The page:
• Geosynthetics are synthetic products used to stabilize terrain. They are generally
polymeric products used to solve civil engineering problems.
A fundamental problem with using natural materials (wood, cotton, etc.) in a
buried environment is the biodegradation that occurs from microorganisms in the
soil. With the advent of polymers in the middle of the 20th century a much more
stable material became available. When properly formulated, lifetimes of centuries can
be predicted even for harsh environmental conditions.
TYPES OF GEOSYNTHETICS
The eight main product categories:
• geosynthetic clay liners
• Geotextiles form one of the two largest groups of geosynthetics.
• These synthetic fibers are made into flexible, porous fabrics by standard weaving
machinery or are matted together in a random non woven manner. Some are also
• Geotextiles are porous to liquid flow across their manufactured plane and also
within their thickness, but to a widely varying degree.
• There are at least 100 specific application areas for geotextiles that have been
developed; however, the fabric always performs at least separation, reinforcement,
filtration and drainage.
GEOTEXTILE AS EARTH REINFORCEMENT
• Design and construction of stable slopes and retaining structures within limited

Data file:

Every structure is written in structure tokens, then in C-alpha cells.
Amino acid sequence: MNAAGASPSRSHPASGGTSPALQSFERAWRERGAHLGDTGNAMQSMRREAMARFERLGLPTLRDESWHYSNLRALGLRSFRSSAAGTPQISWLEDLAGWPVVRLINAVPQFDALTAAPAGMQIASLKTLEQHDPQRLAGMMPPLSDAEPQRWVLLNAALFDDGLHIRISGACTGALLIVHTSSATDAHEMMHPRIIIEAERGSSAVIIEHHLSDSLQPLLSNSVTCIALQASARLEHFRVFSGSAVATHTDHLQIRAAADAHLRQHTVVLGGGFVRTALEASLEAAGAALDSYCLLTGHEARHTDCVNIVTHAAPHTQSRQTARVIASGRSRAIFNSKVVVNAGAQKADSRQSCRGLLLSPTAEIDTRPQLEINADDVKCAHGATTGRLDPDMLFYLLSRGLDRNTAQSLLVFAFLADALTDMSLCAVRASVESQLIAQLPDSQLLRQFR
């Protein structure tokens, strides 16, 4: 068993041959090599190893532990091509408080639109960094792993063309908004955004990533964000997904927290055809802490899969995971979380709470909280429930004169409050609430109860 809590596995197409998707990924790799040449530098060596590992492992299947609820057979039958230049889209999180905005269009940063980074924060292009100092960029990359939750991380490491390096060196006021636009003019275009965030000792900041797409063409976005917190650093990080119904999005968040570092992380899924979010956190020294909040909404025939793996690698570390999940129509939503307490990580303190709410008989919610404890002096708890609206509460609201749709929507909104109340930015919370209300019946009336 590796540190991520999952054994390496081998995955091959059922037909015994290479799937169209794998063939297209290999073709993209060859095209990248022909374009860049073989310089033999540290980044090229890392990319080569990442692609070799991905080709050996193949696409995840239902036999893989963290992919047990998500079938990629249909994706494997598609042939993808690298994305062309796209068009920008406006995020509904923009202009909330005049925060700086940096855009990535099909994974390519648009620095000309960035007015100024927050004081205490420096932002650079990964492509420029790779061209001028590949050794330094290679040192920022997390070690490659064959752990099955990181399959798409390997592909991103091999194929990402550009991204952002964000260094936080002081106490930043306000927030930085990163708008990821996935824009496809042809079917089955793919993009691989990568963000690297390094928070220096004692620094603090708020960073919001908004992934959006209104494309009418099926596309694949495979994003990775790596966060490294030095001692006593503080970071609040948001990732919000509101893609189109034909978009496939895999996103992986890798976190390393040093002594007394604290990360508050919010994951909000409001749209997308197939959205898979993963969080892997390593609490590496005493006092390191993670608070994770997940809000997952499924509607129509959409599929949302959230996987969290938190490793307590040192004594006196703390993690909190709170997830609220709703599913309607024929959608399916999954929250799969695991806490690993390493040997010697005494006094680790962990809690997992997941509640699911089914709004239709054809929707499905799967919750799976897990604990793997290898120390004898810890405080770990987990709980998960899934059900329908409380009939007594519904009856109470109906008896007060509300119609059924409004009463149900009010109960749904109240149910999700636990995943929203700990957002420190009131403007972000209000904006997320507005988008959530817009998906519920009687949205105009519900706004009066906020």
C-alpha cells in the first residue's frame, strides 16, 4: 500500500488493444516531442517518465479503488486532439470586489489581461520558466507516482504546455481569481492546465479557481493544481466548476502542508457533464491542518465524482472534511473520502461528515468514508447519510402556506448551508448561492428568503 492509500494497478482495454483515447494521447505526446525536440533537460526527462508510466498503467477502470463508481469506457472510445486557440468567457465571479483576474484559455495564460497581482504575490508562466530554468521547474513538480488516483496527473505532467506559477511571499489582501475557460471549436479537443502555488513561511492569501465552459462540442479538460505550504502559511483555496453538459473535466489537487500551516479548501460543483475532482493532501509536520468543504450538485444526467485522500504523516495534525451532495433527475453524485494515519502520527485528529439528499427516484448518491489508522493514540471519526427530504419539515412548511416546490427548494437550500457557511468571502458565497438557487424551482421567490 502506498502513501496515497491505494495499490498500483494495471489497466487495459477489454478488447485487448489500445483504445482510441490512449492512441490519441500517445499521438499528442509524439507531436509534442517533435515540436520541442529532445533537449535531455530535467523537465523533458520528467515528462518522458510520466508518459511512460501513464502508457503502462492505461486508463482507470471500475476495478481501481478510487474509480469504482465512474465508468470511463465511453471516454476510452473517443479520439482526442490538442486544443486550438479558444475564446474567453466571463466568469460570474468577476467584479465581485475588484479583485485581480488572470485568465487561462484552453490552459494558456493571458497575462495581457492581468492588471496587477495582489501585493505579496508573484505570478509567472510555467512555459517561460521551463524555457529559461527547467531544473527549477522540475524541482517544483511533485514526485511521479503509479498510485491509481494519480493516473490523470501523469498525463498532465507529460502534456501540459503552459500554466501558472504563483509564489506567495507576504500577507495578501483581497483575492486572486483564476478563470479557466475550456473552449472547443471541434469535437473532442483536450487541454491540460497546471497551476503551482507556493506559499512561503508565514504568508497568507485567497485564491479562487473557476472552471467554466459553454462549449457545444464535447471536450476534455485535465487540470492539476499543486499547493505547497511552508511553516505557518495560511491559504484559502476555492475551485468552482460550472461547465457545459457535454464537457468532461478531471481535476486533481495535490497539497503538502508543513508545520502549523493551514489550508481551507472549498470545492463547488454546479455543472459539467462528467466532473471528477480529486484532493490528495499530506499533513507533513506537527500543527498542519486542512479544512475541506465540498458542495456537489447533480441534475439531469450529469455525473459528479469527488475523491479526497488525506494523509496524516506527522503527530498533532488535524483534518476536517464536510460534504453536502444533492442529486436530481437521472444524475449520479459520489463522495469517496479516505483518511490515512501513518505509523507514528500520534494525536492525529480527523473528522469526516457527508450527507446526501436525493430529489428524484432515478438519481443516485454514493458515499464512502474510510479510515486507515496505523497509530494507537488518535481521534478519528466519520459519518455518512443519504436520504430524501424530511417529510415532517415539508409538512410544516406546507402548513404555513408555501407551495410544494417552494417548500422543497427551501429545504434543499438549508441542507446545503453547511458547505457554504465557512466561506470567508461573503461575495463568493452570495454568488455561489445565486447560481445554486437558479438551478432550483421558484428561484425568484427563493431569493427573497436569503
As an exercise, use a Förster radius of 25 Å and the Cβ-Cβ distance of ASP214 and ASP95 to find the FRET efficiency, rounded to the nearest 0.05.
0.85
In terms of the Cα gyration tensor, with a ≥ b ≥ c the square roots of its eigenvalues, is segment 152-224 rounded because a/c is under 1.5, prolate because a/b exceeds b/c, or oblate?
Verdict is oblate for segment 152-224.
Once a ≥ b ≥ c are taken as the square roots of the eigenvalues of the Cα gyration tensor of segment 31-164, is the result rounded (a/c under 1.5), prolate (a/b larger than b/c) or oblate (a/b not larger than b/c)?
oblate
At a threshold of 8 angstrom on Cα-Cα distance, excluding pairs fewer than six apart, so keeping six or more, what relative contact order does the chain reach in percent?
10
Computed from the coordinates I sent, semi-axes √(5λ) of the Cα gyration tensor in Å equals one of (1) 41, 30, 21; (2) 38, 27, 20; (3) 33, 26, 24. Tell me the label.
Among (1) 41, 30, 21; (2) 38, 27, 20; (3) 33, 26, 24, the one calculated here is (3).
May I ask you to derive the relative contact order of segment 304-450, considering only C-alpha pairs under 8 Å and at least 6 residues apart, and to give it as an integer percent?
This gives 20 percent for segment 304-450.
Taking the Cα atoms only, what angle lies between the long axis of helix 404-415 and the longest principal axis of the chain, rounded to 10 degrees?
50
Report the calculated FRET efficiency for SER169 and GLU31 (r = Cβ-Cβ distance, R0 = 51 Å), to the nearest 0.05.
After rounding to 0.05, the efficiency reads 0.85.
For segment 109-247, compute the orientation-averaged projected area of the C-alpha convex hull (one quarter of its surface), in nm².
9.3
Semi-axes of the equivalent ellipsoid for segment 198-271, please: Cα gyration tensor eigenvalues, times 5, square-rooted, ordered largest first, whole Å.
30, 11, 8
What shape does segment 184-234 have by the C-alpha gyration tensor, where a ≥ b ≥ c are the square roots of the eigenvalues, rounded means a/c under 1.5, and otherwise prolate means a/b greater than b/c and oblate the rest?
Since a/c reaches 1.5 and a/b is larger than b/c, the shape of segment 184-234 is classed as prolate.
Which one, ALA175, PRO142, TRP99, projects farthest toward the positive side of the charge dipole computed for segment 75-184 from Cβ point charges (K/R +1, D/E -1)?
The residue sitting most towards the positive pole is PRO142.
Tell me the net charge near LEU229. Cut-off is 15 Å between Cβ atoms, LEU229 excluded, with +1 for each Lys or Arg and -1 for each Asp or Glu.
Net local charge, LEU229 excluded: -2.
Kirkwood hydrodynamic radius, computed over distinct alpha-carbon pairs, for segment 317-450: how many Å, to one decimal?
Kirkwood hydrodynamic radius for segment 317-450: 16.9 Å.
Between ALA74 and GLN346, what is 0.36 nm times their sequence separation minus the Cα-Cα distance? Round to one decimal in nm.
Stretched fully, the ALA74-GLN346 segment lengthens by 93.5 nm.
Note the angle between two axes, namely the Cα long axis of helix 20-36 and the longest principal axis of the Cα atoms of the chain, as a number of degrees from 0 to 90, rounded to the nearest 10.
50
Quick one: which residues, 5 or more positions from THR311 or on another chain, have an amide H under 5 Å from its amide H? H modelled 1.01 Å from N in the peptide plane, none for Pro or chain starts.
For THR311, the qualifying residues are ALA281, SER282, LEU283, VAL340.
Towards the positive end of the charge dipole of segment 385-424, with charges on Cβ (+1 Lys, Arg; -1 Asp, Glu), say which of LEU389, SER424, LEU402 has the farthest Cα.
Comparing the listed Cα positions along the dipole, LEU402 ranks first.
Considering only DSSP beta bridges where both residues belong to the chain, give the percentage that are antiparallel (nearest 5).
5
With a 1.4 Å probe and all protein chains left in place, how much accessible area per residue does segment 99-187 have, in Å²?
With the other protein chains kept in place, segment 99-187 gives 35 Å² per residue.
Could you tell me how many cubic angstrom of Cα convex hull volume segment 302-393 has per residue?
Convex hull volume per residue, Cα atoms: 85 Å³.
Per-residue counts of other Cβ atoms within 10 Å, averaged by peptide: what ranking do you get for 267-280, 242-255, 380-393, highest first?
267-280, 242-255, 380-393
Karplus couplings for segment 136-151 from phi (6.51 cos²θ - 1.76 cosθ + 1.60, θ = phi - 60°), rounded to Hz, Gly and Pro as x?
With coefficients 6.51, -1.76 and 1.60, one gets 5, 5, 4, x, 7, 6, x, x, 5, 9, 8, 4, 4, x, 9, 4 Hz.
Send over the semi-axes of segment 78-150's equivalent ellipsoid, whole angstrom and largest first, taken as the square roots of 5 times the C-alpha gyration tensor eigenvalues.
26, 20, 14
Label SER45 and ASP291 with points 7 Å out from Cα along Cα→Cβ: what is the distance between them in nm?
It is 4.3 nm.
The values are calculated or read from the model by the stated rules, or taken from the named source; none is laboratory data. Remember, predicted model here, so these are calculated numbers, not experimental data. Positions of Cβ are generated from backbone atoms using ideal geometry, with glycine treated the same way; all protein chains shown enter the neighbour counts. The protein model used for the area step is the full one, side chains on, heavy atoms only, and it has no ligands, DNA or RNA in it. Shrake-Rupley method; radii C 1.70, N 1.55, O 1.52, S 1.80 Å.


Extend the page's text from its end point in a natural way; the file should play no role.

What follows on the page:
right-of-way are aspects of major economical significance in geotechnical
• When geometry requirements dictate changes of elevation in highway projects,the
engineer faces a variety of distinct alternatives for the design of the required earth
• Soil reinforcement, which involves the use of inclusions in a soil mass to improve its
mechanical properties, has become a widely used earthwork construction method
that provides technically attractive and cost-effective grade separations at the
• As the availability of suitable construction sites decreases, there is an increasing
need to utilize poor soils for foundation support and earthwork construction .
• Although the different soil reinforcement systems have greatly extended the use soil
as construction material, their use has often been limited by availability of good-
quality granular material which has generally been specified for the backfill.
• Even though there are several reasons for requiring good quality granular backfill,
this specification has restricted the use of reinforced soil structures cases where such